The OP mentioned she'd be making and delivering the cakes from her own kitchen, not working at the caterers kitchen. The OP than bills the caterer as a wholesale client (gets the caterers tax exempt # on file) and pays taxes herself as part of her own business. There doesn't seem to be anything remotely like an employee employer relationships here. It's an retailer wholesaler relationship.

post #23 of 27
It sounds okay,but the contractor thing always raises red flags, so it wouldn't hurt to ask a tax person instead of a bunch of random people on a public forum. Or the person who wants to hire you as a contractor,since she probably won't see anything wrong with the arrangement. Financially it sounds great,,you just want to make sure the legalities and tax stuff is all being done right.
post #24 of 27
Quote:
Originally Posted by costumeczar View Post

"...... so it wouldn't hurt to ask a tax person instead of a bunch of random people on a public forum........"

Bingo

like the old saying goes:

If you want to know how to get rich - ask a rich man, not a poor one. {especially not a lot of random public forum ones}

Of course we all have our limits, but how can you possibly find your boundaries unless you explore as far and as wide as you possibly can? I would rather fail in an attempt at something new and uncharted than safely succeed in a repeat of something
Reply
Of course we all have our limits, but how can you possibly find your boundaries unless you explore as far and as wide as you possibly can? I would rather fail in an attempt at something new and uncharted than safely succeed in a repeat of something
Reply
post #25 of 27
Confectionerir I am very interested to know how this arrangement is working for you. I am in a similar situation.
post #26 of 27
I have been working in as a Cake Decorating independent contractor with a bakery owned by a catering company since January. I've been decorating speciality cakes for the bakery while the previous owner is coming in to decorate wedding cakes. The previous owner will only work on wedding cake until May. I have been doing cakes for almost 8 years and have a pretty successful cake business in my town. I also decorate wedding and corporate cakes with my own business. I'm thinking that when the previous owner finally retires they will look to me for their wedding cakes also. However I get very busy during wedding season also. I work (decorate) out of the office part of the commercial bakery. I have been only doing the art work and decorating; they have a baker and also a decorator who torts, fills and ices the buttercream cakes. I will do the fondant part if they have an order for fondant. I have been working by the hour. They have a base price for the cakes and add on a charge for the art work of $25 per hour for any work up to an hour and $25 for every extra hour of art work. They pay me $15 per hour (again I am only doing the artwork) I'm trying to decide if I should also leave in May and concentrate on my own business or adding on to my business as a Cake Decorating independent Contractor. I also teach cake decorating and fondant sculpting classes locally and already know a few good decorators that I could bring in to work as my employees.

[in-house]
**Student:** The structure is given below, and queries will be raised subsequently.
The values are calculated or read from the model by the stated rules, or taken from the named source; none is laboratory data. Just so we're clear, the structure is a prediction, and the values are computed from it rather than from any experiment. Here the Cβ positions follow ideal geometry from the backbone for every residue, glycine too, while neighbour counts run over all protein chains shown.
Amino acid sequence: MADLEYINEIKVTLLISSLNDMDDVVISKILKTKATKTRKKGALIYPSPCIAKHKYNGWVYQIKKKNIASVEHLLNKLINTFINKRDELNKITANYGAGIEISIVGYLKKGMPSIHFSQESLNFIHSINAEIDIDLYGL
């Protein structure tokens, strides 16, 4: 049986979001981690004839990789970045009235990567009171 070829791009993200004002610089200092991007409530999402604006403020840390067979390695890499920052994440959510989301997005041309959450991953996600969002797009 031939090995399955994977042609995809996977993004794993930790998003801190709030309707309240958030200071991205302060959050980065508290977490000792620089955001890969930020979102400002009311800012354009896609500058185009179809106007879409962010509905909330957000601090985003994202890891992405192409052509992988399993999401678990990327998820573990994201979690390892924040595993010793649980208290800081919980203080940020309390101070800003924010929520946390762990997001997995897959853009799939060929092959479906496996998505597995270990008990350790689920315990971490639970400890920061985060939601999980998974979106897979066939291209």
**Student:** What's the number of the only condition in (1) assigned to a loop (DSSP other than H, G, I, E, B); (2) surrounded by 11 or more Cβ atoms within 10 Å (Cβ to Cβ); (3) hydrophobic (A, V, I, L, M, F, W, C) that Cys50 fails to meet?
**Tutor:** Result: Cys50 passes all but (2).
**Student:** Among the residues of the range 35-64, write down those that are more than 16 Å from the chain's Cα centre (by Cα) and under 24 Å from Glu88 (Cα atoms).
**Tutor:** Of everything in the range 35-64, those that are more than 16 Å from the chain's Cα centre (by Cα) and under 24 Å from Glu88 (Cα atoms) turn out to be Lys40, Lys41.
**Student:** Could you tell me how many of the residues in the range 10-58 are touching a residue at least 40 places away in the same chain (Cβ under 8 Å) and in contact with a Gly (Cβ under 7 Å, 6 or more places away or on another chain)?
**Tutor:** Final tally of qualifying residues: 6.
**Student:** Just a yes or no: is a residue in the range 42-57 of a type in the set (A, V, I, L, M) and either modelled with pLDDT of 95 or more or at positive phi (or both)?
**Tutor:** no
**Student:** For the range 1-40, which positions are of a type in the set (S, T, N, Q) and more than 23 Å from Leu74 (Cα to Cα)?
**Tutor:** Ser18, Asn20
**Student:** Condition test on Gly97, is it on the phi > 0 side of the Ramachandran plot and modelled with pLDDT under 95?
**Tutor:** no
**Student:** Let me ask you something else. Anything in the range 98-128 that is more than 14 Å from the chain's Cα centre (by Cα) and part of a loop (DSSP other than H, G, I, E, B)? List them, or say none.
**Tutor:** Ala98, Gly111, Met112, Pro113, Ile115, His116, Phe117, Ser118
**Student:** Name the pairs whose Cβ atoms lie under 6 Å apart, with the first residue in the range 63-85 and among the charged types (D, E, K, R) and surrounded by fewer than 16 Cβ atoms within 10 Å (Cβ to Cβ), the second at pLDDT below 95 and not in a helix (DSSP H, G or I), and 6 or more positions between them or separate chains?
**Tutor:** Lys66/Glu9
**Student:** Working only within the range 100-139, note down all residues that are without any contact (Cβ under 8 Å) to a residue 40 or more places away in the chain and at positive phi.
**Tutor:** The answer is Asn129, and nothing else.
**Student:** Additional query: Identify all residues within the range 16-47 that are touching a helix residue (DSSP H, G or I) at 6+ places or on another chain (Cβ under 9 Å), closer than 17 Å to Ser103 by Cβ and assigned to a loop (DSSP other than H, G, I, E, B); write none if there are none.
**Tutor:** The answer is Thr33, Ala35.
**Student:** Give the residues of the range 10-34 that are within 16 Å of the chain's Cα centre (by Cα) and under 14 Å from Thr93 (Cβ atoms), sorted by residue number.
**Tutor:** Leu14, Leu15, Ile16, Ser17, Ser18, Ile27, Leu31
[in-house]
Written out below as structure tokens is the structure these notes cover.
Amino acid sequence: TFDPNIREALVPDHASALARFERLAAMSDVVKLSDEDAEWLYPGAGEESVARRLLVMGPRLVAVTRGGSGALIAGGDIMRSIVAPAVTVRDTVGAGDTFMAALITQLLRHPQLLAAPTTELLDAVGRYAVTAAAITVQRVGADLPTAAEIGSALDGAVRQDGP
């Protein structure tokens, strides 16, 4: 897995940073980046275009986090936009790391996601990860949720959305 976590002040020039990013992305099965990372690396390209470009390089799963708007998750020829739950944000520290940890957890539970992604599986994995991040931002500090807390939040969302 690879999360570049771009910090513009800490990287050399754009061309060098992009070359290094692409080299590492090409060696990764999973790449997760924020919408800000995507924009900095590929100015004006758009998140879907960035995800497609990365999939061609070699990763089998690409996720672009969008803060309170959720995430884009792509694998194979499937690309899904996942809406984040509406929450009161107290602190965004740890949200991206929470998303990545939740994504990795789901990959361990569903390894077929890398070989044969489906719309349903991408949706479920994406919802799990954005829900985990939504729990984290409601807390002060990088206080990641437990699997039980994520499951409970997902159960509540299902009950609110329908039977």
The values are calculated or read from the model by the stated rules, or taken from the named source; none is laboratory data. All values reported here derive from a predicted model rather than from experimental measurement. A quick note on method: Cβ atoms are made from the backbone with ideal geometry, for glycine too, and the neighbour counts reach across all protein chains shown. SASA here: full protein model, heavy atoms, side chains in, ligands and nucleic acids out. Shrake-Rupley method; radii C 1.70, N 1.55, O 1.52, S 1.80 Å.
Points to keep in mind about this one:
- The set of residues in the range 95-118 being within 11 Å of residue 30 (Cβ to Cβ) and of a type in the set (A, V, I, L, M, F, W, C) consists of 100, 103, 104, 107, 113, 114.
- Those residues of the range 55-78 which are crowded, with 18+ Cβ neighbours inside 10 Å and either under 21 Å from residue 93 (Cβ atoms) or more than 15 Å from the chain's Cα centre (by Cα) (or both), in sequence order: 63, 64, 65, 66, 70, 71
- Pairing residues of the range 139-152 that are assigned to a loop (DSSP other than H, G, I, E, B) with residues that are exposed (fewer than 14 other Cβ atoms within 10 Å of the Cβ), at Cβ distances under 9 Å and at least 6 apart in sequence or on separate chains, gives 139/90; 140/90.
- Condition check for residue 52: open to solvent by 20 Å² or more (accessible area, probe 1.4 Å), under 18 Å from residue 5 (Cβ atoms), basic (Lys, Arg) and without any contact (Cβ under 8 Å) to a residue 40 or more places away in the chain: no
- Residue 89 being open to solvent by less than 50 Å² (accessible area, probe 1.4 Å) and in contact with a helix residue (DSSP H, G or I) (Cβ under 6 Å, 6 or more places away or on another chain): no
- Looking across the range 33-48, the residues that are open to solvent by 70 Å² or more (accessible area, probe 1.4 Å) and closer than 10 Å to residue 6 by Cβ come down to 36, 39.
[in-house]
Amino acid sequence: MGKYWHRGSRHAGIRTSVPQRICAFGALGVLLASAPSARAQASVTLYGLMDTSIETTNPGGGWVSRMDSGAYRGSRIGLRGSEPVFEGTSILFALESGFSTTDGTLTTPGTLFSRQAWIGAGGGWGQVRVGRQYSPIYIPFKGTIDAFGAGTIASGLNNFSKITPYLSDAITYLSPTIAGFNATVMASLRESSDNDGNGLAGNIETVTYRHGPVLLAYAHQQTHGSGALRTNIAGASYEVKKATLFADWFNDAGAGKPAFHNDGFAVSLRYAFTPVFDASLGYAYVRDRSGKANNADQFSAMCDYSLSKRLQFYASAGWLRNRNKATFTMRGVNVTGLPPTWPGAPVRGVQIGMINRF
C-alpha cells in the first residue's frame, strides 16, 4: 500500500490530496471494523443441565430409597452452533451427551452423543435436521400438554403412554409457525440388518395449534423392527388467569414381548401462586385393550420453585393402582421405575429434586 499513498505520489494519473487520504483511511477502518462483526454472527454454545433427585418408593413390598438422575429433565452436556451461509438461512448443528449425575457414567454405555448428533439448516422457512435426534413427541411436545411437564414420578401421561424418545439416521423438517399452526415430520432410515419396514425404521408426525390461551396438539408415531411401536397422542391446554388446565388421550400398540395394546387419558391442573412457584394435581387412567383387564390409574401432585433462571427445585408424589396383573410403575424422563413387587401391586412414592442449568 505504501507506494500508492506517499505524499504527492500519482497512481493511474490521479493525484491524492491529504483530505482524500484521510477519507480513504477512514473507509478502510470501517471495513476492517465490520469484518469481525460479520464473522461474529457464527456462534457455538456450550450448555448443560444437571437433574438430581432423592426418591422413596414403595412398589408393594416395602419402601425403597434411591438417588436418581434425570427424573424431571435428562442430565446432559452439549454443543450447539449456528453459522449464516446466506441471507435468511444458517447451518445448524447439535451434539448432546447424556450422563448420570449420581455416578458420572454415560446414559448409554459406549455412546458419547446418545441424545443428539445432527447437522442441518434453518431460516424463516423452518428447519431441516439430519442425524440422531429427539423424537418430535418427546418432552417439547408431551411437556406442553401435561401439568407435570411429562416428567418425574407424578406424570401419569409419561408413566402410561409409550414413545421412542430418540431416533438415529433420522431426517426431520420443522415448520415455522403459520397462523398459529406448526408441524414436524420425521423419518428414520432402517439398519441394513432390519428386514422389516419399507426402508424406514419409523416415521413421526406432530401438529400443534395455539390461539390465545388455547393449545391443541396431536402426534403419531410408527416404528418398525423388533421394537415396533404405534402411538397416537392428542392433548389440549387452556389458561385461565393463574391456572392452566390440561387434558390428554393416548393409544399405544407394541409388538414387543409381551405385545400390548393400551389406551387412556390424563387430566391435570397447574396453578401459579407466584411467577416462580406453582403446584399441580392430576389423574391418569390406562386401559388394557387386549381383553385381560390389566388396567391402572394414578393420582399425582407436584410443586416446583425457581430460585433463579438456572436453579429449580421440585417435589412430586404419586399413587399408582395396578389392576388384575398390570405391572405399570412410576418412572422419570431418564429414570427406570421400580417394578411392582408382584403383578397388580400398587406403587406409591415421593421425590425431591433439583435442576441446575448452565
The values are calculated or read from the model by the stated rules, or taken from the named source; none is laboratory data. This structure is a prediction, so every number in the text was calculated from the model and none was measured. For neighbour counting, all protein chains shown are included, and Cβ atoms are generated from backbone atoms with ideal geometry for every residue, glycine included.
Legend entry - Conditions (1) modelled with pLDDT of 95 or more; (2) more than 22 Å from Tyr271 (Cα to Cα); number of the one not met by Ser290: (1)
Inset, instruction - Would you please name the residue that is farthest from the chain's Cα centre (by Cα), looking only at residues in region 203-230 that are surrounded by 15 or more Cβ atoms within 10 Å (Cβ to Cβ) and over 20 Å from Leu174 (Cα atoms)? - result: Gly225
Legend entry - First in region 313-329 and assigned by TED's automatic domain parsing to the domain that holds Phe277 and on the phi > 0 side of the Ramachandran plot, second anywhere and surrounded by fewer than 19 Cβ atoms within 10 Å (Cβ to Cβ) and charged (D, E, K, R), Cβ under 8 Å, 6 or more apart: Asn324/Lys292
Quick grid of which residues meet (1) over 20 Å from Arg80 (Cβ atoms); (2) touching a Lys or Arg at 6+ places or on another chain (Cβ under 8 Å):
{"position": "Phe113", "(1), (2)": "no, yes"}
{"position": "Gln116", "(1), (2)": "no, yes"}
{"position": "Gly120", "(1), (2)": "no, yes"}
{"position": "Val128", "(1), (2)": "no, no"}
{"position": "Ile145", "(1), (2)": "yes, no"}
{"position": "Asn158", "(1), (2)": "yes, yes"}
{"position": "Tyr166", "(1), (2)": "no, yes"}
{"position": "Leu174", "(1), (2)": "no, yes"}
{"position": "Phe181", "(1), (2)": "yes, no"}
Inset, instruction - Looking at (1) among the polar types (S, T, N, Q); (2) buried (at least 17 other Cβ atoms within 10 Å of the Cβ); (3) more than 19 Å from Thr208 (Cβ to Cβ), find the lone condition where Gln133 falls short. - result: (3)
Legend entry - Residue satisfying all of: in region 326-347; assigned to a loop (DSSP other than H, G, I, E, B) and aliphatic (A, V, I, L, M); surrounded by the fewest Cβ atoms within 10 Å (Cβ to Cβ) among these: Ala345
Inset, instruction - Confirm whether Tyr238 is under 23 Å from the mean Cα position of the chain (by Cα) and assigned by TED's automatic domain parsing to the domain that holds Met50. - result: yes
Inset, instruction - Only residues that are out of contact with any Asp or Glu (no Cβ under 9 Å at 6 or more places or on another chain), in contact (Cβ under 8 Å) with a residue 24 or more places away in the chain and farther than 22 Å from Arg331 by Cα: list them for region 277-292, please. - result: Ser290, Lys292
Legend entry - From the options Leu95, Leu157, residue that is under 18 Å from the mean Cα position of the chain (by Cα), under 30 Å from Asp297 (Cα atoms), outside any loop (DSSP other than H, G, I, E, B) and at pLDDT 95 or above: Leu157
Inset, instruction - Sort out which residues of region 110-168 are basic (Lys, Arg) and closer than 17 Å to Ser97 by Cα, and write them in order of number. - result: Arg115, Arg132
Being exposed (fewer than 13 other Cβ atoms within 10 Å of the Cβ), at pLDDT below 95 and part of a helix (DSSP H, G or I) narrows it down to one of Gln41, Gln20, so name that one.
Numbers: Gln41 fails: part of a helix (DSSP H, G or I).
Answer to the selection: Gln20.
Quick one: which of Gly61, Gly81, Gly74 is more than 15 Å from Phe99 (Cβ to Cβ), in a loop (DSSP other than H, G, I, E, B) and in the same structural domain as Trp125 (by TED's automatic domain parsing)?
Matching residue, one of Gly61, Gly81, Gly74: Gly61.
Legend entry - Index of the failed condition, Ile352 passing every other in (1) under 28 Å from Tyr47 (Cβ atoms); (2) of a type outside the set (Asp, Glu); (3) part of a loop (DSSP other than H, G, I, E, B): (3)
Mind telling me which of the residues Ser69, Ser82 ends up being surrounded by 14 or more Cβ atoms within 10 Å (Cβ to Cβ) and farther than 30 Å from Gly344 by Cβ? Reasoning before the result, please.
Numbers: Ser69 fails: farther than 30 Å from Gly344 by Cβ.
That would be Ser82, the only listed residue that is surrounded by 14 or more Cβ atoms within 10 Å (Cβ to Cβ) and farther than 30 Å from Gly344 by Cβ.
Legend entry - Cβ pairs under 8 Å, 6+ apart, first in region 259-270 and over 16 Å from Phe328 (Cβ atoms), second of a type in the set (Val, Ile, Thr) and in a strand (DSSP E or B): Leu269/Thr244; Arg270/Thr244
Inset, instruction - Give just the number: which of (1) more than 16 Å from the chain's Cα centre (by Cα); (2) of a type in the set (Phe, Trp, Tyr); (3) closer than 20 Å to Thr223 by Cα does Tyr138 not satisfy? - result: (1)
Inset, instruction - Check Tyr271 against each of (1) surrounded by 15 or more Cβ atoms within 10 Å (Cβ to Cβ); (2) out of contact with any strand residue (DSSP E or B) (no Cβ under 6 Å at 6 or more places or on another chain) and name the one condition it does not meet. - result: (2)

On a side note: I have been a renter at the bakery from the previous owner for over 4 years when she sold her business in December to the new owners. Since they also brought in their catering business into the bakery I have decided to leave as a renter at the end of April. I have found another successful commercial bakery and have already have talked to the owner and she said she would also like to use me for my artwork. So it seems like this contractor business is already taking on a life of its own. The current bakery owners has stated repeatley that they want me to stay on as their decorator. I also think that I should ask for $20 per hour which would give them a 20% up charge on the artwork.
Help, advise, suggestions is appreciated. Thank you
post #27 of 27


This cake decorating independent contracting is very interesting to me....hmmmmmm